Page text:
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Millions with diabetes at risk for eye disease
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More than six million Americans have diabetes and don’t know it.
According to the Mayo Clinic, nearly half of all individuals with diabetes have some form of diabetic retinopathy, a potentially blinding eye disease. And, the number of those with diabetes is skyrocketing with a projected 48 million Americans by the year 2050.
Currently, diabetic retinopathy affects 5.3 million Americans. In addition to the impact that the disease can have on quality of life, diabetic retinopathy costs $490 million annually in direct costs for outpatient, inpatient and prescription drug services, according to a recent research study by Prevent Blindness America and Johns Hopkins University.
In the early and most treatable stage, called nonproliferative, patients will not likely notice any symptoms or change in vision. If left untreated, patients may enter the proliferative stage with symptoms such as blurred or cloudy vision, an increase in “floaters,” or tunnel vision, among others. Untreated diabetic retinopathy can also lead to macular edema, which is the swelling of the macula due to leaking blood vessels. Or, it can lead to retinal detachment, one of the most common causes of blindness in diabetes. This occurs when growing blood vessels pull the retina from the back of the eye.
“The diabetes epidemic is showing no signs of slowing down anytime soon,” said Jenny Pomeroy, executive director, Prevent Blindness Georgia. “We can’t stress enough how imperative it is for those with diabetes to get an annual dilated eye exam to help save their sight.”  
Prevent Blindness Georgia has declared November as Diabetic Eye Disease Month in an effort to raise awareness about the serious threat to vision that patients with diabetes can face. The group also has created a dedicated Web site, for patients and healthcare professionals to learn more about protecting vision. Individuals with diabetes are 40 percent more likely to develop glaucoma and 60 percent more likely to develop cataracts than those without diabetes.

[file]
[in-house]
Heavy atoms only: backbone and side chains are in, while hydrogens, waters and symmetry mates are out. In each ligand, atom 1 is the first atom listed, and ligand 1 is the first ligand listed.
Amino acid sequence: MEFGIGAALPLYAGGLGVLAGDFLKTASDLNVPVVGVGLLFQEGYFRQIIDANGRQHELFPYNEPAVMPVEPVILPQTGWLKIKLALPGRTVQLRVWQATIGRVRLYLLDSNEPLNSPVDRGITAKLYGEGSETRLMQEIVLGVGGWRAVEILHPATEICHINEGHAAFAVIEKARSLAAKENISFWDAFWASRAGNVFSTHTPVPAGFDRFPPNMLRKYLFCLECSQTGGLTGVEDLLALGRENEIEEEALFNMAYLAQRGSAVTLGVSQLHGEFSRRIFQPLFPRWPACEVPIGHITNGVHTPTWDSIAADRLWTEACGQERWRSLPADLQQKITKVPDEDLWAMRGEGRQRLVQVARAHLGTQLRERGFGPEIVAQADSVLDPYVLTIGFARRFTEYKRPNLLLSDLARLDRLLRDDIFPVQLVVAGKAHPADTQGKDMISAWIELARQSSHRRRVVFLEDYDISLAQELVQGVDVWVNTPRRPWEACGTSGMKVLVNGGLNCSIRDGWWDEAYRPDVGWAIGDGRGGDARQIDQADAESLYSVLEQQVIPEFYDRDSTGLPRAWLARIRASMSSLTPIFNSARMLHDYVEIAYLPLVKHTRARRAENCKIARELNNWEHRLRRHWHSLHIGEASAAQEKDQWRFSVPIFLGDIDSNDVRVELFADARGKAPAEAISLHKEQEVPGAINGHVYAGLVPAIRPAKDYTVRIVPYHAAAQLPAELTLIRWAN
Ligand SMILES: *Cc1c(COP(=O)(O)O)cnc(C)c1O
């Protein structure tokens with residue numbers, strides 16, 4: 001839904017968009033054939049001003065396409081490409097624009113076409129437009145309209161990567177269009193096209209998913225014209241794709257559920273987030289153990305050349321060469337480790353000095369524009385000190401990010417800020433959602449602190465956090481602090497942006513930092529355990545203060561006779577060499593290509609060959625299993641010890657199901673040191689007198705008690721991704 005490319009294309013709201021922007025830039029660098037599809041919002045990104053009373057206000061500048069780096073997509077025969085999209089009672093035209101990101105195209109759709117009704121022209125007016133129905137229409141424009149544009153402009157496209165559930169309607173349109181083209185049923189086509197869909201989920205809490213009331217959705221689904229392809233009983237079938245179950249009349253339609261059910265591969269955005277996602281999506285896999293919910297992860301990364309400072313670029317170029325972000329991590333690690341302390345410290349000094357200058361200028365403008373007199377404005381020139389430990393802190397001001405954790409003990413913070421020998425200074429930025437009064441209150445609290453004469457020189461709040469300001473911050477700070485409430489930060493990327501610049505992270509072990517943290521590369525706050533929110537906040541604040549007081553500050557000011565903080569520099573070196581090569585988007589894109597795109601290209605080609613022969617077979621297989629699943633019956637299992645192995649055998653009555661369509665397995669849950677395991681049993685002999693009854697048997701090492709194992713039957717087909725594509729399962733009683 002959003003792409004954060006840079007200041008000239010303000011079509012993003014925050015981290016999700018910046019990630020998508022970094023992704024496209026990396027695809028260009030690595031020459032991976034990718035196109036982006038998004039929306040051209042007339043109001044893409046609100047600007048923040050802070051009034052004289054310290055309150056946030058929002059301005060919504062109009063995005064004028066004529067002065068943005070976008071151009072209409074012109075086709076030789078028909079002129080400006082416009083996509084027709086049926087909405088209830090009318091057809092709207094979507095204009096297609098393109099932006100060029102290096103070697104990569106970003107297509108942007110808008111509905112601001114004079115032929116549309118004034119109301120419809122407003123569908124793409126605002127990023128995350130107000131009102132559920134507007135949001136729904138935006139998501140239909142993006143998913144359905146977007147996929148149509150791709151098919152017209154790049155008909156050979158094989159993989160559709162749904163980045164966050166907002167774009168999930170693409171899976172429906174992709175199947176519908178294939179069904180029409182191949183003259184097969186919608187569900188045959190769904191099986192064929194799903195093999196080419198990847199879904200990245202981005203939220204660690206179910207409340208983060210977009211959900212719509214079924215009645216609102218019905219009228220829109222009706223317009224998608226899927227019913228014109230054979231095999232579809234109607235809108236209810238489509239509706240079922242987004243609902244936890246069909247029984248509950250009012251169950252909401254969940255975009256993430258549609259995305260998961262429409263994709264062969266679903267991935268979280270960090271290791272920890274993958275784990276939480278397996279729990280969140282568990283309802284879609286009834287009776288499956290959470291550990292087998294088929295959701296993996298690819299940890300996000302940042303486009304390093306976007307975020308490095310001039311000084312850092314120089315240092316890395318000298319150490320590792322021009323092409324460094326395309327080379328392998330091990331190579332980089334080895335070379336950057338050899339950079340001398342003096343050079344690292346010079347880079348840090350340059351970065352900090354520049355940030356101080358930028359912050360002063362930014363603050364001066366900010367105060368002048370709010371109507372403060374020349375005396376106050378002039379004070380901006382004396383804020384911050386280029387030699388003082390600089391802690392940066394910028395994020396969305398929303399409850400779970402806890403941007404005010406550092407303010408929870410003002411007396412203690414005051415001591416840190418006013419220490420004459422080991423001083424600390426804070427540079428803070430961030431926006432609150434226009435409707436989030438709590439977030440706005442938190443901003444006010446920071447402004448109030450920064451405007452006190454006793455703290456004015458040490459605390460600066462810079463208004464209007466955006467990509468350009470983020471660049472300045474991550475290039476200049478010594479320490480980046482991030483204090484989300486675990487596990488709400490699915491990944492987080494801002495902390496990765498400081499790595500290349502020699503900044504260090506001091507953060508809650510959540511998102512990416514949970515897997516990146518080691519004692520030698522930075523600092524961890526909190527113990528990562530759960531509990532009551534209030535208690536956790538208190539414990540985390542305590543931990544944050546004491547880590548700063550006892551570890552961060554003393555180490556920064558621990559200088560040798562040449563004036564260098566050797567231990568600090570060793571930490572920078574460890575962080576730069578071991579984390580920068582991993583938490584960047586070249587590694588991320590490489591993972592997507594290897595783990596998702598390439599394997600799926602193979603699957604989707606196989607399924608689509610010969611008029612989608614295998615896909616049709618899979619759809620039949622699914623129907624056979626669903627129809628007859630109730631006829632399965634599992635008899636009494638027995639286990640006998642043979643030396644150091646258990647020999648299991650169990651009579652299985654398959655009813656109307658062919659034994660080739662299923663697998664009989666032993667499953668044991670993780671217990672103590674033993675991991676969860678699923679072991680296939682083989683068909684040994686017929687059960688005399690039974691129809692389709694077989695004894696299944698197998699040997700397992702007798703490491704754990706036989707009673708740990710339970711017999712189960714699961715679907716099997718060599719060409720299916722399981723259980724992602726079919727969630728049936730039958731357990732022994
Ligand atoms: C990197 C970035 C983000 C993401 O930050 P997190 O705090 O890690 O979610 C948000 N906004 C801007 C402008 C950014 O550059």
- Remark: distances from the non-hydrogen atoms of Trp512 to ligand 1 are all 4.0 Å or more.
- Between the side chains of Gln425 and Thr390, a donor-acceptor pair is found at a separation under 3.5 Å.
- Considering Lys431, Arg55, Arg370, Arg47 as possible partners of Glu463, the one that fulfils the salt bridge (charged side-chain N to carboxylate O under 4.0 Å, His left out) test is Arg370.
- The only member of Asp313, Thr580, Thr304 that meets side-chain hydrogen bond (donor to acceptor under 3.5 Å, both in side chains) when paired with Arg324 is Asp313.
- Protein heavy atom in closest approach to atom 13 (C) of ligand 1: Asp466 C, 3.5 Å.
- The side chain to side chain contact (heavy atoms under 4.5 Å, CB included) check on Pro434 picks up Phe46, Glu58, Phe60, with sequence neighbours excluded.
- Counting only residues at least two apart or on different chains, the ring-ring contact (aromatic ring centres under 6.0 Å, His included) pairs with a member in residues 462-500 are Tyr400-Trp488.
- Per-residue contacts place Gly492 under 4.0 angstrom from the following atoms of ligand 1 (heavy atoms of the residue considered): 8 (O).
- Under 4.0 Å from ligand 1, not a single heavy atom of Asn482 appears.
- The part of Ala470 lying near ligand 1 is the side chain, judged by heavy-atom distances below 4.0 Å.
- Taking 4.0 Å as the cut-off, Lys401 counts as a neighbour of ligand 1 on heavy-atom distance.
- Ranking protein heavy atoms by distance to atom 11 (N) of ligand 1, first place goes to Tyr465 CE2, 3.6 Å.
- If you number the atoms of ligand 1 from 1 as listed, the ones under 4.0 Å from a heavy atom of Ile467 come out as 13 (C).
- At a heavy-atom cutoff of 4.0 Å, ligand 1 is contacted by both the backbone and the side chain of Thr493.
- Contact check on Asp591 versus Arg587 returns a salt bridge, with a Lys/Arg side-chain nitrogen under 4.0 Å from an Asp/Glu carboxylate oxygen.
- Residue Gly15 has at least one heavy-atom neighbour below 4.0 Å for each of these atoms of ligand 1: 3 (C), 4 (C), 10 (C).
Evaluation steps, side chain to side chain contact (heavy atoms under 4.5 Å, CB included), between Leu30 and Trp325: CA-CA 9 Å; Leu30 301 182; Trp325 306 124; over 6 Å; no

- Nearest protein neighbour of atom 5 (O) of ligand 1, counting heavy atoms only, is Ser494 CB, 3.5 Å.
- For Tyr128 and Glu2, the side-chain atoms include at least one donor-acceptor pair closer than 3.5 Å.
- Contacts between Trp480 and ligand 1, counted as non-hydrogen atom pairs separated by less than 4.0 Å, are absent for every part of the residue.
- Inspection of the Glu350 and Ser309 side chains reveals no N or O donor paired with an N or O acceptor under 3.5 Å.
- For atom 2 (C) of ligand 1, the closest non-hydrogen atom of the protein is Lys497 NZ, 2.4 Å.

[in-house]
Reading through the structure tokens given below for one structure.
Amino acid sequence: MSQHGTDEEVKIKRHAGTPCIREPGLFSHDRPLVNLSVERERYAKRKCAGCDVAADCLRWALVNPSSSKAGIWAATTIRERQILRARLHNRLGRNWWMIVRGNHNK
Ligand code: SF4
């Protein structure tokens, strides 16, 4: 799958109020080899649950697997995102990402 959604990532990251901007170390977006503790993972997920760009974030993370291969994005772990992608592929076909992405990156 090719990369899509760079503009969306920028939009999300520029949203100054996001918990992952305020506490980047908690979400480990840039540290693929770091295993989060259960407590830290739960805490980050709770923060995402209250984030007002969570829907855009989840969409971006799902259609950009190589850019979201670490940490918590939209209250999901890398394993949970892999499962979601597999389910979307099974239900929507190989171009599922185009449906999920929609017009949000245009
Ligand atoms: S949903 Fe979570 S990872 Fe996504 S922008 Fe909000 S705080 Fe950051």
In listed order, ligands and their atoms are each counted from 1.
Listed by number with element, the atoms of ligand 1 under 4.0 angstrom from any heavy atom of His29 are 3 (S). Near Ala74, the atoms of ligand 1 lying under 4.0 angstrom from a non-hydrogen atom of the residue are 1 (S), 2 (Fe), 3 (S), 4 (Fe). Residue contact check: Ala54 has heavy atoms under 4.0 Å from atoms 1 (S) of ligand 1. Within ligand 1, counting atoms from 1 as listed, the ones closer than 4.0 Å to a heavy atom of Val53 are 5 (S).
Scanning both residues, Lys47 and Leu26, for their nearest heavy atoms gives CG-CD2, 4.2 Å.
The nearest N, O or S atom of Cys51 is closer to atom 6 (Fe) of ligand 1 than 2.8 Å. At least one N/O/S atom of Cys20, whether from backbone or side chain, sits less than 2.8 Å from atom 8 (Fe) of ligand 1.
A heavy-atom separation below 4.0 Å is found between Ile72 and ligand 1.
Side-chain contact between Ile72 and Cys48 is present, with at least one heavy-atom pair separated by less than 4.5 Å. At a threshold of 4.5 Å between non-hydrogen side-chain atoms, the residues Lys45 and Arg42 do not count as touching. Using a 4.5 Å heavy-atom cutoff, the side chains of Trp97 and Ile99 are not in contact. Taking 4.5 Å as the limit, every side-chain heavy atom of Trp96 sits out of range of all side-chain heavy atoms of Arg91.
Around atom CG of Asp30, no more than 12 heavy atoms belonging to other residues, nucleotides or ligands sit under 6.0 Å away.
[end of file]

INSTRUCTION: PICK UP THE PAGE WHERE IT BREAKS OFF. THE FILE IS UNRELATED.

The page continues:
According to Prevent Blindness Georgia, other risk factors for diabetic eye disease include:
• Age: Both younger and older people with diabetes are at-risk for diabetic retinopathy.
• Duration of the disease: The longer a person has diabetes, the greater the chance of retinopathy. Virtually everyone who was diagnosed with diabetes before age 30 has diabetic retinopathy within 15 years of their diagnosis. About three quarters of those who are diagnosed after age 30 have diabetic retinopathy within 15 years of diagnosis.
• Blood sugar control: Poor blood sugar control is one of the main causes of diabetic retinopathy. Individuals with diabetes can lower the risk of vision loss by carefully monitoring and controlling blood sugar levels. The onset and progression of retinopathy may be slowed by controlling blood sugar levels through a healthy diet, insulin and other drugs.
• Smoking: Quitting smoking can significantly reduce the risk for diabetic retinopathy.
• Alcohol: Alcohol and diabetes are a dangerous combination for many reasons, including an increased risk of diabetic retinopathy.
• Hypertension: High blood pressure increases the risk of eye disease, as well as heart disease, stroke and kidney disease.
• Pregnancy: While scientists are still unsure why, pregnancy seems to increase a woman’s risk of developing, or accelerating, diabetic retinopathy. Pregnant women with diabetes should see their eye doctor during their pregnancy.
For more information on diabetic eye disease, call Prevent Blindness Georgia at (404) 266-0071 or visit
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